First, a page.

The "money" would be kind of like PGP, where there's a public key, and a private key. The public keyblock is out there for everyone to see, but it's still encrypted, and can be used by anyone to send you a private message that only you can unlock. Your money would be the same way. You pay someone, or they pay you, and it's encrypted with the public key, and the private key unlocks the money to accept it. All the bank knows is that some person or business with a key encrypted X amount of money, and sent it to someone who could unlock it. They have no idea who they are, where they are, or what it was for, nor do they care, in fact, they actively don't want to know...

Such a system, if it it was widely accepted (and this is the A-1 BIG "IF" just like any money or banking system that's come before it), may well be unstoppable, to the point governemtnts will have to capitulate as their reserve banks become iirelevant, and their ability to tax dissapears. If enough people and businesses adopt such a system faster than governments can crack down on it, it would reach an unstoppable critical mass. You then may see a period in human history where no one is forced to pay for something they don't want ever again.
Such a monetary system would be more revolutionary than the Internet itself.

NukemJim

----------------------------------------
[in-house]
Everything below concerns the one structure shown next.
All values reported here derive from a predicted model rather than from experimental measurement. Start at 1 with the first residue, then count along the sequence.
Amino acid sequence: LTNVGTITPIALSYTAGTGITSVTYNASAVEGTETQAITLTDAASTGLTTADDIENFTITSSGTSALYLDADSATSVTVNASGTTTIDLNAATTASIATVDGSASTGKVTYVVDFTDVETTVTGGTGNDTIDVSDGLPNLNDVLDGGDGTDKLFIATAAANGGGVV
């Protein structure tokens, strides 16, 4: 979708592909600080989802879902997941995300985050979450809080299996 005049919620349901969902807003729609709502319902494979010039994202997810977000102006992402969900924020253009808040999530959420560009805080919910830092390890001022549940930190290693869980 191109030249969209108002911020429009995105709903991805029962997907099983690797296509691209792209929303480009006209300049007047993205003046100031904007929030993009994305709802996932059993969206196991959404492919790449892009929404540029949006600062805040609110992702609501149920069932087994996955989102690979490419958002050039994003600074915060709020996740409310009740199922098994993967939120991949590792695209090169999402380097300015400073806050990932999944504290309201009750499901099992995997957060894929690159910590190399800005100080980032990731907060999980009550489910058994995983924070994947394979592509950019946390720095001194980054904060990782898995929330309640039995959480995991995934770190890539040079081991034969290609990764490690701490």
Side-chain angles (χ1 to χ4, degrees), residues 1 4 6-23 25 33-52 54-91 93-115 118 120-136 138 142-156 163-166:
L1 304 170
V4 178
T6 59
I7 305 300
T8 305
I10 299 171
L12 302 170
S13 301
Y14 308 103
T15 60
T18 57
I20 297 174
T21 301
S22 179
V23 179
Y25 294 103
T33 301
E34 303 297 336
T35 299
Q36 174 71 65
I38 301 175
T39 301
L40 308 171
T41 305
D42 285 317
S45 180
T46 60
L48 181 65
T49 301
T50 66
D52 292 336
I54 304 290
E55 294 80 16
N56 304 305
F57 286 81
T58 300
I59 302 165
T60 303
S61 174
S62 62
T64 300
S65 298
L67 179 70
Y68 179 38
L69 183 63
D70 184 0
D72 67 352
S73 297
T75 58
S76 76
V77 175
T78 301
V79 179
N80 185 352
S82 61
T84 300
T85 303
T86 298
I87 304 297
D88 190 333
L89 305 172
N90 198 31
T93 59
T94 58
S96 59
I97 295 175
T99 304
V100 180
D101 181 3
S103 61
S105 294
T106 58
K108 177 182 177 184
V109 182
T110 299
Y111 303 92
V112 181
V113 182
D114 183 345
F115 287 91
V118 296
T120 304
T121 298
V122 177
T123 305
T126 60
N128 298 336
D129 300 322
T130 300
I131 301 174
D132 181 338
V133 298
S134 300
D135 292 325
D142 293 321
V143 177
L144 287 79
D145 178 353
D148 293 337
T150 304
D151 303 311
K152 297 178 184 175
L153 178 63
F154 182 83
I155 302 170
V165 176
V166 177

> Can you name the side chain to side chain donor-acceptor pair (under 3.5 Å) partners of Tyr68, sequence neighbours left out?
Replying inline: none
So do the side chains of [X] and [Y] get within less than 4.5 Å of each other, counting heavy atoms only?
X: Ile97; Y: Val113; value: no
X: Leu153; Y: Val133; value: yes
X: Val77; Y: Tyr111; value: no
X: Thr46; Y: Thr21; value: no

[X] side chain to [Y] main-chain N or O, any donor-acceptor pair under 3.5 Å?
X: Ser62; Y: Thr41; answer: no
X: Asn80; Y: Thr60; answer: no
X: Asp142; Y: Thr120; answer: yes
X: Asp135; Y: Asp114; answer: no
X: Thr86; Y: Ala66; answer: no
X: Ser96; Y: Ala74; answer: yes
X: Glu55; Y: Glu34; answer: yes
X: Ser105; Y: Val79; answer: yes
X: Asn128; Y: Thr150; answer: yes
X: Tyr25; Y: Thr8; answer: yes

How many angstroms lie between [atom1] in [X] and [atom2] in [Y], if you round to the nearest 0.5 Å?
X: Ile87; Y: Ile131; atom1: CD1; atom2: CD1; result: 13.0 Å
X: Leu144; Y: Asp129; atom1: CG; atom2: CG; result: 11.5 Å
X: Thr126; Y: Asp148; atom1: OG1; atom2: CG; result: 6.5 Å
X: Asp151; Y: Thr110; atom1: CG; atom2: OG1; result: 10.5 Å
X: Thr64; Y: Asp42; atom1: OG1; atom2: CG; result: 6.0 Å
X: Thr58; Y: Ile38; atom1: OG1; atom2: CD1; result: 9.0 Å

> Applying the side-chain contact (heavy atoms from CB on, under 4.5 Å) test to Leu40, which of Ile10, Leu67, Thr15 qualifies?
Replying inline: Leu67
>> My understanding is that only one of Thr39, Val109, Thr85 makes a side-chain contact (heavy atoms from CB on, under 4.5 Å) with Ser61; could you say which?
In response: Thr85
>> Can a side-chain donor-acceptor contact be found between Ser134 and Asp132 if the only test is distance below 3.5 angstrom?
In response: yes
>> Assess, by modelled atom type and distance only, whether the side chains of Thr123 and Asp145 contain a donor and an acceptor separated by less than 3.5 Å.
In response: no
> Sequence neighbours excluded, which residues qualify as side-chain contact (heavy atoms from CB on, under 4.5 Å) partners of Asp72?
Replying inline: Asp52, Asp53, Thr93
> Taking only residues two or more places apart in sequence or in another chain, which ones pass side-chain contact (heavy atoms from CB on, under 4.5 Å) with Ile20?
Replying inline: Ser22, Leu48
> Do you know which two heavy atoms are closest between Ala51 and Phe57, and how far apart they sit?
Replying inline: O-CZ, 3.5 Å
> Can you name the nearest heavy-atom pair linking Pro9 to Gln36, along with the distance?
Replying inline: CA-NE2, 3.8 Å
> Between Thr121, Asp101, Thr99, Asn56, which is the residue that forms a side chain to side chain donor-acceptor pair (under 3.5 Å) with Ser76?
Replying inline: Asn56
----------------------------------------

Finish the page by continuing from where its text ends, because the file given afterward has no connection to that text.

April 25, 2006, 07:46 PM
Turns out, paying with a credit card gives you certain legal protections that paying with a check or Paypal doesn't. I personally prefer to only buy in person but if I'm going to continue shooting my gun, I'm going to have to get a pre-paid Visa card

IANAL so as always I could be wrong but my understanding is that a "prepaid" Visa card is a type of debit card which does NOT carry the extra legal protection that a real credit card does.

Please do not ask details I do not remember them. I was told this by a bank when I was getting debit card.

Are there any bankers and or lawyers who do know for sure ?

NukemJim

R.W.Dale
April 25, 2006, 10:12 PM
Paypal's antigun policy

Dang them how dare they set their own rules for how they want to run a business:mad: Bunch of stinking decadent capitalist dogs, Viva Revoltion!

'Card
April 25, 2006, 10:16 PM
Dang them how dare they set their own rules for how they want to run a business.
They are completely, 100% free to run their business as they see fit. No one has suggested that they be forced or compelled to do otherwise.

I, as a consumer, am also completely, 100% free to take my business elsewhere if I disagree with those policies.

armoredman
April 25, 2006, 11:22 PM
Absolutely, so use Gearpay, set up for firearm people.

afasano
April 26, 2006, 06:56 PM
Do groups like gunbroker and auctionarms take Gearpay?